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How often does a residential septic system really need to be pumped out?
June 30, 2014 6:56 PM   Subscribe

I'm getting conflicting opinions on how often a septic system needs to be pumped, and pumping isn't cheap. My current system is about ten years old, and it's been mostly just me using it. I've heard of other low-use households that have been pumped maybe once in 30 years. Conventional wisdom seems to be thus: pump every 3 years or so or risk anything from a bad smell to a total system wipeout and replacement. Is that for real?

Of course there are variables like tank size and usage rate and whatnot, but is this "every 3 years or else" rule of thumb really true? Could a low-usage household really hold out for 30 years, or even indefinitely? Could allowing it to overfill really destroy parts of the system? Lastly, what is a ballpark fair price for such work?
posted by Camofrog to Home & Garden (25 answers total) 4 users marked this as a favorite
 
FWIW I've had mine pumped twice in 26 years. The ex had a habit of pouring a lot of grease down the drain, thus I'm pretty sure the first pump. Second was teenagers in the house, lol. I have enzymes that I pour down a couple times a year, especially when we're not going to be using the system a lot and give it time to work. A friend of mine had a garbage disposal and for that reason had her tank pumped about once a year. My last pump was $250 which in the giant scheme of things and house repairs was tolerable.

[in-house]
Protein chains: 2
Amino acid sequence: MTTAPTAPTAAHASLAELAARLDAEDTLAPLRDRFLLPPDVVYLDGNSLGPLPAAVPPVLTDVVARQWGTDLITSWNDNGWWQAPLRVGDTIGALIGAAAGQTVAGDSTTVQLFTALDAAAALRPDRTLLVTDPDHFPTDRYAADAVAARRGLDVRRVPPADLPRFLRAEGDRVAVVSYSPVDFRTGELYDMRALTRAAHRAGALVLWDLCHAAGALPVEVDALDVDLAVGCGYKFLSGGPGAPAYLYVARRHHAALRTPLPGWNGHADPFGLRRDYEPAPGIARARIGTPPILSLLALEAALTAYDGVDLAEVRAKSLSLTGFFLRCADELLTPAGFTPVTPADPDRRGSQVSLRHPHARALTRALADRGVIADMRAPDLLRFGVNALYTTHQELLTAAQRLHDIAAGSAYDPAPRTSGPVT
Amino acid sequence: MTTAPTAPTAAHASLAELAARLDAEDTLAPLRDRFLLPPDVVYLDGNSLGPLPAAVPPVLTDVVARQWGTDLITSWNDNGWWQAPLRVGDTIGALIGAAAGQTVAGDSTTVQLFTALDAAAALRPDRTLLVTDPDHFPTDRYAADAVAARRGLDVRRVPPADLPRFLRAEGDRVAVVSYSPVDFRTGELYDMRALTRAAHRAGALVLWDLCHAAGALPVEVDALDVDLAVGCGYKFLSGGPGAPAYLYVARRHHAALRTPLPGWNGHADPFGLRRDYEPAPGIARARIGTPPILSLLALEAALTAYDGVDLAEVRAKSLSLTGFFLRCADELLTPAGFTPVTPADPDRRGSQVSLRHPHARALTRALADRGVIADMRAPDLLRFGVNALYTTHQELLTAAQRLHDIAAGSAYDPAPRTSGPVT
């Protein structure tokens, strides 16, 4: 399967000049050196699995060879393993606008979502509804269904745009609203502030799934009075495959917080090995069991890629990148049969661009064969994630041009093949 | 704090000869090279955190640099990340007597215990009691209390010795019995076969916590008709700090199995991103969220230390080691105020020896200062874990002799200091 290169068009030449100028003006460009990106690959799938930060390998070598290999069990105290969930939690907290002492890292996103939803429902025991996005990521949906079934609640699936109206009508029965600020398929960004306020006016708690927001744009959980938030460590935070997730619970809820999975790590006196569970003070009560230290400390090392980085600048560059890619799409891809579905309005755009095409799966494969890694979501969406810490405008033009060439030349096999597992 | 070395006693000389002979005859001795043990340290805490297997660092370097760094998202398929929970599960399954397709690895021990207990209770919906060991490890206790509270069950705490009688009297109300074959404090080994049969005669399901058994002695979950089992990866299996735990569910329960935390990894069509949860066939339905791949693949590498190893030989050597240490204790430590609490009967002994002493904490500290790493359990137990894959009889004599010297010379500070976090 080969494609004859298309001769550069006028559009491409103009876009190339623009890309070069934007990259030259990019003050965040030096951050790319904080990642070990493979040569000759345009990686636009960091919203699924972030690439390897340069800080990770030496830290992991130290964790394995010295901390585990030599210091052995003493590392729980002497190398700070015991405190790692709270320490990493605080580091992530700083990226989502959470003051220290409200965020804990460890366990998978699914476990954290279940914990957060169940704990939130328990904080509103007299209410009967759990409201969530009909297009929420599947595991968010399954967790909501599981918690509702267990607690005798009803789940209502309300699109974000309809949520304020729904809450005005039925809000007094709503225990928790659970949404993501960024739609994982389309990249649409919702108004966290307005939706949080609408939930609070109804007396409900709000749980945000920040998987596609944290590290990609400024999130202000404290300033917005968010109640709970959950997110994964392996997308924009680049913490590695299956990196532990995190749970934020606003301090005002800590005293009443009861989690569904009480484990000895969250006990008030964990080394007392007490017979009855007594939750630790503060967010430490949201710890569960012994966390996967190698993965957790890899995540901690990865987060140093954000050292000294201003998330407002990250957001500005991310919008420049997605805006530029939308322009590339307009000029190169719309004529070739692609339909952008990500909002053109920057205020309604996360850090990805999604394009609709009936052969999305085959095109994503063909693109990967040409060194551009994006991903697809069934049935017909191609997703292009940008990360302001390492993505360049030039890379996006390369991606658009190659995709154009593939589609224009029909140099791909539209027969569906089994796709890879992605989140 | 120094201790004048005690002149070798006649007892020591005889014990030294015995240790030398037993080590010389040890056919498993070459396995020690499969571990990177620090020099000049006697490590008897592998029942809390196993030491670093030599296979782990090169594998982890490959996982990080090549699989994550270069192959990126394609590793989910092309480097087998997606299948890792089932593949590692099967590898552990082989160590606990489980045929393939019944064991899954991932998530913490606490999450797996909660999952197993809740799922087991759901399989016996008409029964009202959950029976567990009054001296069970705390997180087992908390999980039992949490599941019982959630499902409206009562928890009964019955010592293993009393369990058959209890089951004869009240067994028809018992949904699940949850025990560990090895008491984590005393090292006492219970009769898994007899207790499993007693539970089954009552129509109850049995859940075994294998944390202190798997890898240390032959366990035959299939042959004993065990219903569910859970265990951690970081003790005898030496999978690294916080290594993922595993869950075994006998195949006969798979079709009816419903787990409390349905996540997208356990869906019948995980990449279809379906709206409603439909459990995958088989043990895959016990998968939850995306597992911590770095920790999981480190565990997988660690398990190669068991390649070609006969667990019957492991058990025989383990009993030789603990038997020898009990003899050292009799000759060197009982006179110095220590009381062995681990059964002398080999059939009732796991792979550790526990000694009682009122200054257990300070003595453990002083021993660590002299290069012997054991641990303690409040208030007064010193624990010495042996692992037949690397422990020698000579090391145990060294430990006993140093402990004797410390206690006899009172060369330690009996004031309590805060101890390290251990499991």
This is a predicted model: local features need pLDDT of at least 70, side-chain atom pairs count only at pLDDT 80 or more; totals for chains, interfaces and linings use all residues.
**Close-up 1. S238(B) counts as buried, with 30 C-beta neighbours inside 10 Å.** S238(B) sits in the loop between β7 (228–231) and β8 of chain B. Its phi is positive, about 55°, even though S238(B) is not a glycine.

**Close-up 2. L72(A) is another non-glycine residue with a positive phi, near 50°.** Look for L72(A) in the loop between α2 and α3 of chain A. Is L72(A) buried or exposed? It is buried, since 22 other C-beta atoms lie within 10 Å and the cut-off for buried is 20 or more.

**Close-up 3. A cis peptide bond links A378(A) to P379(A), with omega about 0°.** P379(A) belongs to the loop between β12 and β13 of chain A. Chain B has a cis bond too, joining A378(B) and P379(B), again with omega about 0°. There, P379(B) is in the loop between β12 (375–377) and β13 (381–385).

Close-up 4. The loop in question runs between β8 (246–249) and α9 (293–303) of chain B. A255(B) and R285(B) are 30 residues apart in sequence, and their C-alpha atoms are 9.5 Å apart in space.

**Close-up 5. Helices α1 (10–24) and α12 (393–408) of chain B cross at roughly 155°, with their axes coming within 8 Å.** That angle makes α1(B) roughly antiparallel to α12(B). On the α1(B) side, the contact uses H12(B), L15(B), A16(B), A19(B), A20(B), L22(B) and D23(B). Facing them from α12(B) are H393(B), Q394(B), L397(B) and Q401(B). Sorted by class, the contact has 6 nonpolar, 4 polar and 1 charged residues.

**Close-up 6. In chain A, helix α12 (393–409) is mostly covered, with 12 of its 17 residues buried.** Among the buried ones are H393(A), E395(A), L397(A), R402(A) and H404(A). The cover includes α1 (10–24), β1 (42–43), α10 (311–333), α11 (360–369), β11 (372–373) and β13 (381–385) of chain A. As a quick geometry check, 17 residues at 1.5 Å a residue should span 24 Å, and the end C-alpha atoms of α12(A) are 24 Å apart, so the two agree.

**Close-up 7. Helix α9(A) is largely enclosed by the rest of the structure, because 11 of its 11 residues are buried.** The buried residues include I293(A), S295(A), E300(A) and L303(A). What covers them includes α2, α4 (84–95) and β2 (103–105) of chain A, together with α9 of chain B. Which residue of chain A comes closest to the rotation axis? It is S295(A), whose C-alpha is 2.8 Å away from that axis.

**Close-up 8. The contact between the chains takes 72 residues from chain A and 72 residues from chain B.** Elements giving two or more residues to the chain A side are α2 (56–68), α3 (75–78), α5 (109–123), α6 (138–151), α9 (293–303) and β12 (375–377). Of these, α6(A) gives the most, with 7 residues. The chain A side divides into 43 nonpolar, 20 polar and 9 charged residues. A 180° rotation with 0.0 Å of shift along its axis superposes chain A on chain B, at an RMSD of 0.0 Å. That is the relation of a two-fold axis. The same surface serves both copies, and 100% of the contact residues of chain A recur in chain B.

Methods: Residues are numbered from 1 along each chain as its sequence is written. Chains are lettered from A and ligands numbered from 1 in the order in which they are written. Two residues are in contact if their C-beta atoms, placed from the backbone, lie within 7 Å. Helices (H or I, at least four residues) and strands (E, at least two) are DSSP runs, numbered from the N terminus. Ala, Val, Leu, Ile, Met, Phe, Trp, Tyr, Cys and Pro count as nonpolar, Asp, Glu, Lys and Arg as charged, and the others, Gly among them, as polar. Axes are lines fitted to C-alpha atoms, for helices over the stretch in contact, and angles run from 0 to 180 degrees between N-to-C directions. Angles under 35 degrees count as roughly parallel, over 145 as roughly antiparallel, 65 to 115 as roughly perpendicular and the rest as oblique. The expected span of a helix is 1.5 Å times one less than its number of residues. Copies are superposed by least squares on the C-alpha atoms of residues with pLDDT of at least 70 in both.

posted by PJMoore at 7:15 PM on June 30 [1 favorite]


Here are some good guidelines from NC State.

Various members of my family and I have owned an old house in upstate NY for close to 40 years. The septic system is ancient, we've had it pumped maybe once, about 25 yrs ago. If it's working fine leave it alone.
posted by mareli at 7:18 PM on June 30


It probably depends on the size of your tanks, the amount of water you use, garbage disposal use, etc.

Septic system dude said 3 years was appropriate for ours; he said he would not go any longer than that (tanks were nearly full).

Check your local laws, too. Sometimes they require inspections and service. My local laws say inspection every 3 years. They have a program here where you can get certified to inspect your own system (they used to just let people do it; now you have to take a class), or you can pay someone from their approved list.
posted by AllieTessKipp at 7:32 PM on June 30 [1 favorite]


Yeah if it isn't broken don't fix it. 20 plus years for my old one.
posted by GeeEmm at 7:40 PM on June 30


Yeah if it isn't broken don't fix it.

Nooooo. If the tank fills and starts sending solids to the drain field, you'll end up needing to excavate and replace the drain field, which is way, way more expensive than simply pumping the tank.
posted by ryanrs at 7:54 PM on June 30 [4 favorites]


We've had ours pumped twice in twenty years. The second time it wasn't necessary. The pipes inside the house leading to the septic tank needed attention, the tank was fine.

There are simple things to be aware of, such as using degradable detergents, toilet paper, etc.

The tanks, under the right circumstances, take care of themselves. That is to say the naturally occurring bacteria breaks down the waste.
posted by elf27 at 7:56 PM on June 30 [2 favorites]